SNP’s new hate crime law could criminalise past views warns historian Neil Oliver

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The Hate Crime and Public Order (Scotland) Bill introduced by Scottish Justice Secretary Humza Yousaf looks to extend the law on ‘hate crime’ covering particular characteristics, including religion, sexual orientation and transgender identity. If the law is passed by Holyrood, it means that words or behaviour considered to be “abusive” and “likely” to stir up hatred would constitute an offence.

People who were found guilty of “stirring up hatred” would face up to seven years in prison under the legislation. 

However, the controversial legislation has already faced criticism from the Comedian Rowan Atkinson, Scottish Police Federation, Catholic Church in Scotland and the Faculty of Advocates who represent lawyers and the  Law Society of Scotland.

But TV presenter and historian Neil Oliver spoke out and claimed that the new law, which is currently out for consultation, could criminalise people for having controversial views and strong opinions.

Mr Oliver, who has expressed strong support for the Union, admitted he had suffered abuse because of holding this view and claimed that an “ugly”’ atmosphere had grown in Scotland.

In a letter, Mr Oliver said: “Since 2014 when I spoke up in support of the Union, I have been told I am no Scot – or at least that I am the wrong sort of Scot.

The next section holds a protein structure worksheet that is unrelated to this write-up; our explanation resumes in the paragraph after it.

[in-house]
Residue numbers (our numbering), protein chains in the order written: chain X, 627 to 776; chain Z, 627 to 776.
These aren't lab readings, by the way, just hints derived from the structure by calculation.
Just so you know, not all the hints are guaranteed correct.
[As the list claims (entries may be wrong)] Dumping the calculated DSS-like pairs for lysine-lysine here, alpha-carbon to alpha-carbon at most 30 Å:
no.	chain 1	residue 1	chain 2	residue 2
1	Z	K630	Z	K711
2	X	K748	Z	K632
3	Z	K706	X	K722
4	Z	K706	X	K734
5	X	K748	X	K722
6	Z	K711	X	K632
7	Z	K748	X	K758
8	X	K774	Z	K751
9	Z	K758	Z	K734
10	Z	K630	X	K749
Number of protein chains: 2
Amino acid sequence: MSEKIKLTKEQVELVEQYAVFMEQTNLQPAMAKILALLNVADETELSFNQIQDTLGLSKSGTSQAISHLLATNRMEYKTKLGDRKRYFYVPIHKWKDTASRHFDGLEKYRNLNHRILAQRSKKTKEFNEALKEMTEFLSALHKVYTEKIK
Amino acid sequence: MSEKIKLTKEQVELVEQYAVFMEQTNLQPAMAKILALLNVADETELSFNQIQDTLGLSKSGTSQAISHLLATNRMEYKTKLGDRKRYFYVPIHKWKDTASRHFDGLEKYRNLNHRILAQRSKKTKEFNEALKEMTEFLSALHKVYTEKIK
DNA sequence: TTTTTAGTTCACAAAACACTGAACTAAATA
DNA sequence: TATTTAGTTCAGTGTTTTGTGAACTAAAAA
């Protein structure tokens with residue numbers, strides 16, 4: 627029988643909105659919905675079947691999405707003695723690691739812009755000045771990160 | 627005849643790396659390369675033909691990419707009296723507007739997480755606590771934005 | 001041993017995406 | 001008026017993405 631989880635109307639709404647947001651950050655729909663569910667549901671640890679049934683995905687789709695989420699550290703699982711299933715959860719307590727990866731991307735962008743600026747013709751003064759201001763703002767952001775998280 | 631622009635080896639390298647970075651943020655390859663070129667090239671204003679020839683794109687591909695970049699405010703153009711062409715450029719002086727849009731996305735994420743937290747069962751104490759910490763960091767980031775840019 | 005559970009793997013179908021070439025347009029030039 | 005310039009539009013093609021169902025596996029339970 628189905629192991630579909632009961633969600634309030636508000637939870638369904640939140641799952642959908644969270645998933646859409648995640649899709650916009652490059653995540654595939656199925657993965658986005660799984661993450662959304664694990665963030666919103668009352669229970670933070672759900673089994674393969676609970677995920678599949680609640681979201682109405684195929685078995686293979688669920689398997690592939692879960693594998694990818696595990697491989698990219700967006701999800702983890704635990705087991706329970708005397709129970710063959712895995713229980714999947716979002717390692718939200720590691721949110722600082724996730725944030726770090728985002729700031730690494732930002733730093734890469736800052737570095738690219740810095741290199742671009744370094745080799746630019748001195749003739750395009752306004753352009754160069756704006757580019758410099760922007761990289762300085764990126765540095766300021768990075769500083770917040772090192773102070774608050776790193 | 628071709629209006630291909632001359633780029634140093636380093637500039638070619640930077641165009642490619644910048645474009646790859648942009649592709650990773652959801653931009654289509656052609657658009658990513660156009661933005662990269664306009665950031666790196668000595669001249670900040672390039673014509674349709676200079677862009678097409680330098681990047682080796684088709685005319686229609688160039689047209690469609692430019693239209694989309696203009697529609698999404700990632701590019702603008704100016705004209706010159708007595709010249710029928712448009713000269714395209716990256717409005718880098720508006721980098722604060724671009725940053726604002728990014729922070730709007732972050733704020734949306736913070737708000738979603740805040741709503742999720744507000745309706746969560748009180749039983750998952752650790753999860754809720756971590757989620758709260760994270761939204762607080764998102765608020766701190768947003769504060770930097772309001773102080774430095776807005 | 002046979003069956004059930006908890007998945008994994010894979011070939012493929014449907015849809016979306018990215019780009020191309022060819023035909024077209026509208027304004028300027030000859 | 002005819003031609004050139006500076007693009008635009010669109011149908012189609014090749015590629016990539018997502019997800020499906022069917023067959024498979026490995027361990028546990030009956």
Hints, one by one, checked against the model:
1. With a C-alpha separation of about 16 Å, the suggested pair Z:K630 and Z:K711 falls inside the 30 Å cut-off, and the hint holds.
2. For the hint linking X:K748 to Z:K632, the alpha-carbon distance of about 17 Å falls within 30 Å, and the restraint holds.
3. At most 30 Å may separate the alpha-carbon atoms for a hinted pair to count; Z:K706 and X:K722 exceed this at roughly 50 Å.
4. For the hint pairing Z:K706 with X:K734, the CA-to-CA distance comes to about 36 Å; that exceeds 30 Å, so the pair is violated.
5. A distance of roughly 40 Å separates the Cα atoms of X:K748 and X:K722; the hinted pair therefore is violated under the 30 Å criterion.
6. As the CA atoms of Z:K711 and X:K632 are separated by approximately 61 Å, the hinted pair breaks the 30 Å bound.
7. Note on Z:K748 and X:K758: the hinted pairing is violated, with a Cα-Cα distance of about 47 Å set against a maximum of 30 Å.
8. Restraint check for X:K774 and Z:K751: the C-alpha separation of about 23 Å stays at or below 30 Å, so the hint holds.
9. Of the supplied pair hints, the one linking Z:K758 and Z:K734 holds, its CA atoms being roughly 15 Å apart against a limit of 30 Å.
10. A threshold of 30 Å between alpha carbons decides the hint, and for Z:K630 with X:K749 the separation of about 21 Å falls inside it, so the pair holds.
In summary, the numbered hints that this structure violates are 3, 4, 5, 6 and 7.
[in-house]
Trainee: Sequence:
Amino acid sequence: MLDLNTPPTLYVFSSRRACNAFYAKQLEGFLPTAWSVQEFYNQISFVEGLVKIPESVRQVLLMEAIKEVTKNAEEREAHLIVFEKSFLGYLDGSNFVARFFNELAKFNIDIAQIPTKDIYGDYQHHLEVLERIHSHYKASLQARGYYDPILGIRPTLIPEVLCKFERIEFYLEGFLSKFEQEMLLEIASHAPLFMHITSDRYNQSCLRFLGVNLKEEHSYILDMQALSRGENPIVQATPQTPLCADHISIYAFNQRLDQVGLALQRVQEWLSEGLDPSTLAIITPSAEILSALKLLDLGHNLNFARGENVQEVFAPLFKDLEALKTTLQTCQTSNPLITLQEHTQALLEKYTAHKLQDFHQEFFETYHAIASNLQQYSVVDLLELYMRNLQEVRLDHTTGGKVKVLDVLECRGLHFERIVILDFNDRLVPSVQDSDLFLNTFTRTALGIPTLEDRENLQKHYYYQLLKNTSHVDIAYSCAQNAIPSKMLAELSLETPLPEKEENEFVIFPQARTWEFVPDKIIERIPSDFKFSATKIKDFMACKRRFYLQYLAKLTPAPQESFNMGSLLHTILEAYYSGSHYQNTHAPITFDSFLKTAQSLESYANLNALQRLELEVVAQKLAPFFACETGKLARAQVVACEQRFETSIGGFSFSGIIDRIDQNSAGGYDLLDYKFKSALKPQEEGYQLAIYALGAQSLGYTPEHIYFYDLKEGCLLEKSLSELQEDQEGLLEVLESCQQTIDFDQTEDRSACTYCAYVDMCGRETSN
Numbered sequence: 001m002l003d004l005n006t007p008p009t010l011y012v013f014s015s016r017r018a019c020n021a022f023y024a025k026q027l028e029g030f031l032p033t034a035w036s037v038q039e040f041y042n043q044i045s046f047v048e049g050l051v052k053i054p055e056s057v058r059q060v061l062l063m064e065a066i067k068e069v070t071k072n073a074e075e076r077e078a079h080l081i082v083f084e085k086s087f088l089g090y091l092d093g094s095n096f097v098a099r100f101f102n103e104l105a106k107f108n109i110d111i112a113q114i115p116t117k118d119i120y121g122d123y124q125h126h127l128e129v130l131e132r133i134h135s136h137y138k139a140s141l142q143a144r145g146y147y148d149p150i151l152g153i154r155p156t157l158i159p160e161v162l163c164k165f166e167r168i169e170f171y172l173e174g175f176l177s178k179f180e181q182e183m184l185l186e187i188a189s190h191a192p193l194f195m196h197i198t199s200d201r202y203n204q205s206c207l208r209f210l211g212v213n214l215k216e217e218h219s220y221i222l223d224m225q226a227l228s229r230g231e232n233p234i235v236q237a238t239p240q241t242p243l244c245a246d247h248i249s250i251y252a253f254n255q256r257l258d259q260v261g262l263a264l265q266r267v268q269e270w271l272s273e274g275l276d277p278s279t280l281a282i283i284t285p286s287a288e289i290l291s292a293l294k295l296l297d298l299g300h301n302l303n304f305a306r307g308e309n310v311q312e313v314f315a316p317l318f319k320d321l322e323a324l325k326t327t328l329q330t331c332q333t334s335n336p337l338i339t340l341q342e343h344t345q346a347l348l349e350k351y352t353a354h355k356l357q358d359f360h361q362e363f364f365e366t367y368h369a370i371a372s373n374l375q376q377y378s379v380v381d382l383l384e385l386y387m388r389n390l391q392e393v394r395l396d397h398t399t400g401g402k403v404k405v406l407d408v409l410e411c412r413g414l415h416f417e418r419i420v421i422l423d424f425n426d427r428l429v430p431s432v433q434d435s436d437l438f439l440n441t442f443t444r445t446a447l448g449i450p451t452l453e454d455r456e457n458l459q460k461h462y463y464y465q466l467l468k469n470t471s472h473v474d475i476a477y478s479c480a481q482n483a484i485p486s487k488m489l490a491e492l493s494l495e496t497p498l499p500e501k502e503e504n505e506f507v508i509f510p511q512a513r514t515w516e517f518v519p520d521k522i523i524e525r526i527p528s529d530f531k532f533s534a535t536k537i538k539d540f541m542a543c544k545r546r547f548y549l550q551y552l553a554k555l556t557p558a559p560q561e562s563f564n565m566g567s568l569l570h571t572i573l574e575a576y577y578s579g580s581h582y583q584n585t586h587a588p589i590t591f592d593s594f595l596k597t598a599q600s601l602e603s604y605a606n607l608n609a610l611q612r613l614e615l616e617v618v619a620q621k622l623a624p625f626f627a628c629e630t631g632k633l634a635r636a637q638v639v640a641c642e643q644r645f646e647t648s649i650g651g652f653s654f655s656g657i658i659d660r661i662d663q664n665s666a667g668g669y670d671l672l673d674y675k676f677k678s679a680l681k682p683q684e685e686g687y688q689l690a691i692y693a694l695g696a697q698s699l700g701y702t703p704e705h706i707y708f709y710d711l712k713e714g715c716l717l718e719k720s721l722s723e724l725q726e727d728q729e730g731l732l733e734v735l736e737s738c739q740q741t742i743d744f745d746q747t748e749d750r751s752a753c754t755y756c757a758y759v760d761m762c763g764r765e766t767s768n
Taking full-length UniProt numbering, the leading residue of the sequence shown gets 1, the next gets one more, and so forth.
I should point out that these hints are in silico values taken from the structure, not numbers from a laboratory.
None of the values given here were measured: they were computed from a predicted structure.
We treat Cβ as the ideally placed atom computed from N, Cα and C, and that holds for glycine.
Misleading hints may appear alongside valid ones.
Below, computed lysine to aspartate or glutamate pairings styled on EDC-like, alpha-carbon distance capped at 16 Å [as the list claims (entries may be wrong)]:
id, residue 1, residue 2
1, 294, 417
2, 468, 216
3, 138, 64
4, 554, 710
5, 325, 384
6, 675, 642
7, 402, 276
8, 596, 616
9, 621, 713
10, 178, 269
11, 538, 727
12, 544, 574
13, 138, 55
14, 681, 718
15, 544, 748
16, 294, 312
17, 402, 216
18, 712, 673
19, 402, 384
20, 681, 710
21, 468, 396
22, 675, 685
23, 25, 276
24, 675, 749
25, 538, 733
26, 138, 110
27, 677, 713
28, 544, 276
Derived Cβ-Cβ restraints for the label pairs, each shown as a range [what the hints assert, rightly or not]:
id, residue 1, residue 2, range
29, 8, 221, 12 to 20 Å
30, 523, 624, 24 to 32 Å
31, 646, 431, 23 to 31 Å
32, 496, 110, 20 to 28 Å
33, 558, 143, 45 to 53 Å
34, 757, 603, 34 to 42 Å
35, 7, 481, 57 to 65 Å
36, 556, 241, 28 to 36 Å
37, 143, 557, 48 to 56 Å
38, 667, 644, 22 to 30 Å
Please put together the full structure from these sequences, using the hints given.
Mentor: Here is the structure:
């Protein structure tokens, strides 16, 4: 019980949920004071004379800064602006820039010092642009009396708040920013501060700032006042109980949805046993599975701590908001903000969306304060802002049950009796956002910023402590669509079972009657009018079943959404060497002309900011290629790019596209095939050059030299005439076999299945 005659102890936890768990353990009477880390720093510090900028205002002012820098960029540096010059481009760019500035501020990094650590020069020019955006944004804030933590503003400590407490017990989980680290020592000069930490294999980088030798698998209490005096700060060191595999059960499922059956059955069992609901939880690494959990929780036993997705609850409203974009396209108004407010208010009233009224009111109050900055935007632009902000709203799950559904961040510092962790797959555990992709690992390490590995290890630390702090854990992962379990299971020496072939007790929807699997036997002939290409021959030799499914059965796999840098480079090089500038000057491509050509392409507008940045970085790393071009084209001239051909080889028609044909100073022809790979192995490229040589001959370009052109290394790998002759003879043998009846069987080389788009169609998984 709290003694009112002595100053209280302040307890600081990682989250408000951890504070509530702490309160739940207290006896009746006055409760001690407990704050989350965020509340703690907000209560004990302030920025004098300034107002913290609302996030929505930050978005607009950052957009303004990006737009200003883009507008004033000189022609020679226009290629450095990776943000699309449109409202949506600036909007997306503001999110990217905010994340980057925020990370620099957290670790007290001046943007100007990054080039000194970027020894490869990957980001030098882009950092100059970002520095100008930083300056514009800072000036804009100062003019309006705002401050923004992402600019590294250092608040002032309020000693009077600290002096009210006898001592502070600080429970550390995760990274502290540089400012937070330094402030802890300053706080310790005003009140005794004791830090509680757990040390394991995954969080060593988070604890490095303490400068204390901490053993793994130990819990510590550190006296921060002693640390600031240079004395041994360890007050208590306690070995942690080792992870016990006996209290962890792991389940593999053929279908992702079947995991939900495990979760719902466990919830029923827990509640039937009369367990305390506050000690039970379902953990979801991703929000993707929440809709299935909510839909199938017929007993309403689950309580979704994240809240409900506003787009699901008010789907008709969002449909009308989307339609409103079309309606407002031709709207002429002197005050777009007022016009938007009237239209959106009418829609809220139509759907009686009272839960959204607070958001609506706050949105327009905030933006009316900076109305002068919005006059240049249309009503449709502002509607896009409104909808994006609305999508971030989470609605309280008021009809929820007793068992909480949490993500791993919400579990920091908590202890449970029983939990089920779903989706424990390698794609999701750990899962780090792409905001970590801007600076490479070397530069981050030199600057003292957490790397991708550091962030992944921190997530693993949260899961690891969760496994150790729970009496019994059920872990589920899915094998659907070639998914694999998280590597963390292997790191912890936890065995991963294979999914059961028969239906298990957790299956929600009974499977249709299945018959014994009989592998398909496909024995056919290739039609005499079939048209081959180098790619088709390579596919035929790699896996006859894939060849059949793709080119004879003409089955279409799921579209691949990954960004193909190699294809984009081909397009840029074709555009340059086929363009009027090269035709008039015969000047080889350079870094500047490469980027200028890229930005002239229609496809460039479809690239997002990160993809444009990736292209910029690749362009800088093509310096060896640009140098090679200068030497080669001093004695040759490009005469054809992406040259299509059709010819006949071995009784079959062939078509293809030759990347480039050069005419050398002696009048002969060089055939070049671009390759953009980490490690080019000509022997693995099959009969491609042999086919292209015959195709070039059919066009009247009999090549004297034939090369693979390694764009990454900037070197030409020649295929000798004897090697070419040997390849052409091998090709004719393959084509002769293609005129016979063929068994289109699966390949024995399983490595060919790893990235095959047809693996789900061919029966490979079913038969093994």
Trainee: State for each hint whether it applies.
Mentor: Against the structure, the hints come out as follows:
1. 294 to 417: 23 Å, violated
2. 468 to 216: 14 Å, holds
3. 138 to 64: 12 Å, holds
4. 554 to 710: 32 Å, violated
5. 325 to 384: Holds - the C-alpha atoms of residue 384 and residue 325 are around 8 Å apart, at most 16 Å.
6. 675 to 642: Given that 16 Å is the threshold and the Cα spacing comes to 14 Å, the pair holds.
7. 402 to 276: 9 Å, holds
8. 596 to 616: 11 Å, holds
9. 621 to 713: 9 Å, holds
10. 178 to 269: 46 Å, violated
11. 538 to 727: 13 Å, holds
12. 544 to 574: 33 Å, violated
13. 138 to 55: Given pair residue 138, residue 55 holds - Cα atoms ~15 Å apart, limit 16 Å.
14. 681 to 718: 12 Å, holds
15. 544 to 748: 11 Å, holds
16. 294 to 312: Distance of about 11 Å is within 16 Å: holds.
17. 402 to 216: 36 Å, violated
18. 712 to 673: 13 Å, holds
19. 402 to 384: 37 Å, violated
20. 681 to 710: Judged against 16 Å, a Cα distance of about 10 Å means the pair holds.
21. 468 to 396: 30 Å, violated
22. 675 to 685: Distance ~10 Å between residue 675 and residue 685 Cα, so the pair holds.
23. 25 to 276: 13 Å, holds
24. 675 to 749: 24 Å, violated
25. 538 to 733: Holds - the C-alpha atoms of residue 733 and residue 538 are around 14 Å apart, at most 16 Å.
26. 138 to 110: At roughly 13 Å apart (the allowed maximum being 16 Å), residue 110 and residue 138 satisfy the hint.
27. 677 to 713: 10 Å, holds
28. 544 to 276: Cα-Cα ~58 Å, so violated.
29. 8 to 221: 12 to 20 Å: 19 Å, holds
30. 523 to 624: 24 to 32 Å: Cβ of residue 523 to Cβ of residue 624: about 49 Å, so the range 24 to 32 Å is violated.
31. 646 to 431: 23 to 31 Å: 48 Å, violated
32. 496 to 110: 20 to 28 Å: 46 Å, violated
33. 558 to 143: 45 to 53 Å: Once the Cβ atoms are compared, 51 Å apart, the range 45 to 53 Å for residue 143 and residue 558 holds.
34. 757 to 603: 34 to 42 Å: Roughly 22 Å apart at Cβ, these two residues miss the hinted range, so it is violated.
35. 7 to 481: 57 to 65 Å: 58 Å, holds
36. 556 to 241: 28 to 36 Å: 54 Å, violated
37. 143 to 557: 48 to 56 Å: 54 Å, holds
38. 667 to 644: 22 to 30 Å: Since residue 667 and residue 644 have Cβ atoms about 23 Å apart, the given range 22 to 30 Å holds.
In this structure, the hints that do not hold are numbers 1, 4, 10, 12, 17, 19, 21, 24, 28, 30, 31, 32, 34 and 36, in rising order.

“I have continued to speak up – for that is my right – and now I read around the subject of the Hate Crime and Public Order (Scotland) Bill and see that in future, opinions of the sort I have aired in the past could see me do jail time, as much as a seven year stretch. 

“I will be listening for the knock at the door.”

Mr Oliver warned Justice Secretary Humza Yousaf that the Bill was a “passion project” for the politician.

He added: “Intended, according to Yousaf, to simplify and clarify current laws by bringing them together in a single piece of legislation, the wording therein makes way for woolliness that ought, according to spokesmen for the legal profession, to have no place in a document defining the law of the land.”

He also references the abuse he suffered in response to his support for the Union adding: “Already a regular target for what might safely be described as strongly worded criticism, on account of my approving of a United Kingdom, I invite you to imagine what my future might be like if my enemies have the weight of Scots law on their side.

“If I arrive at court and the verdict goes against me, I could legally declare myself a woman and end up, if she’s not careful either, in the cell next to JK Rowling.”

Refering to Harry Potter author JK Rowling views on transgender people, Mr Oliver said: “She, too, has been accused of hate crime for her stance in relation to men, women and the biology thereof.

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“I have spoken in support of her freedom of speech and so, in theory, we might end up in the dock together.”

It comes after Mr Oliver announced he was stepping down as president of the National Trust for Scotland.

The TV presenter was heavily criticised last month after it emerged that he had liked an anti-Black Lives Matter tweet forcing him to make the decision. 

In response to the concerns, a Scottish Government spokeswoman told “The Bill does not seek to stifle criticism or rigorous debate in any way.

“People can express controversial, challenging or offensive views as long as this is not done in a threatening or abusive way that is intended or likely to stir up hatred.

“The Bill includes explicit provisions on protection of freedom of expression.”

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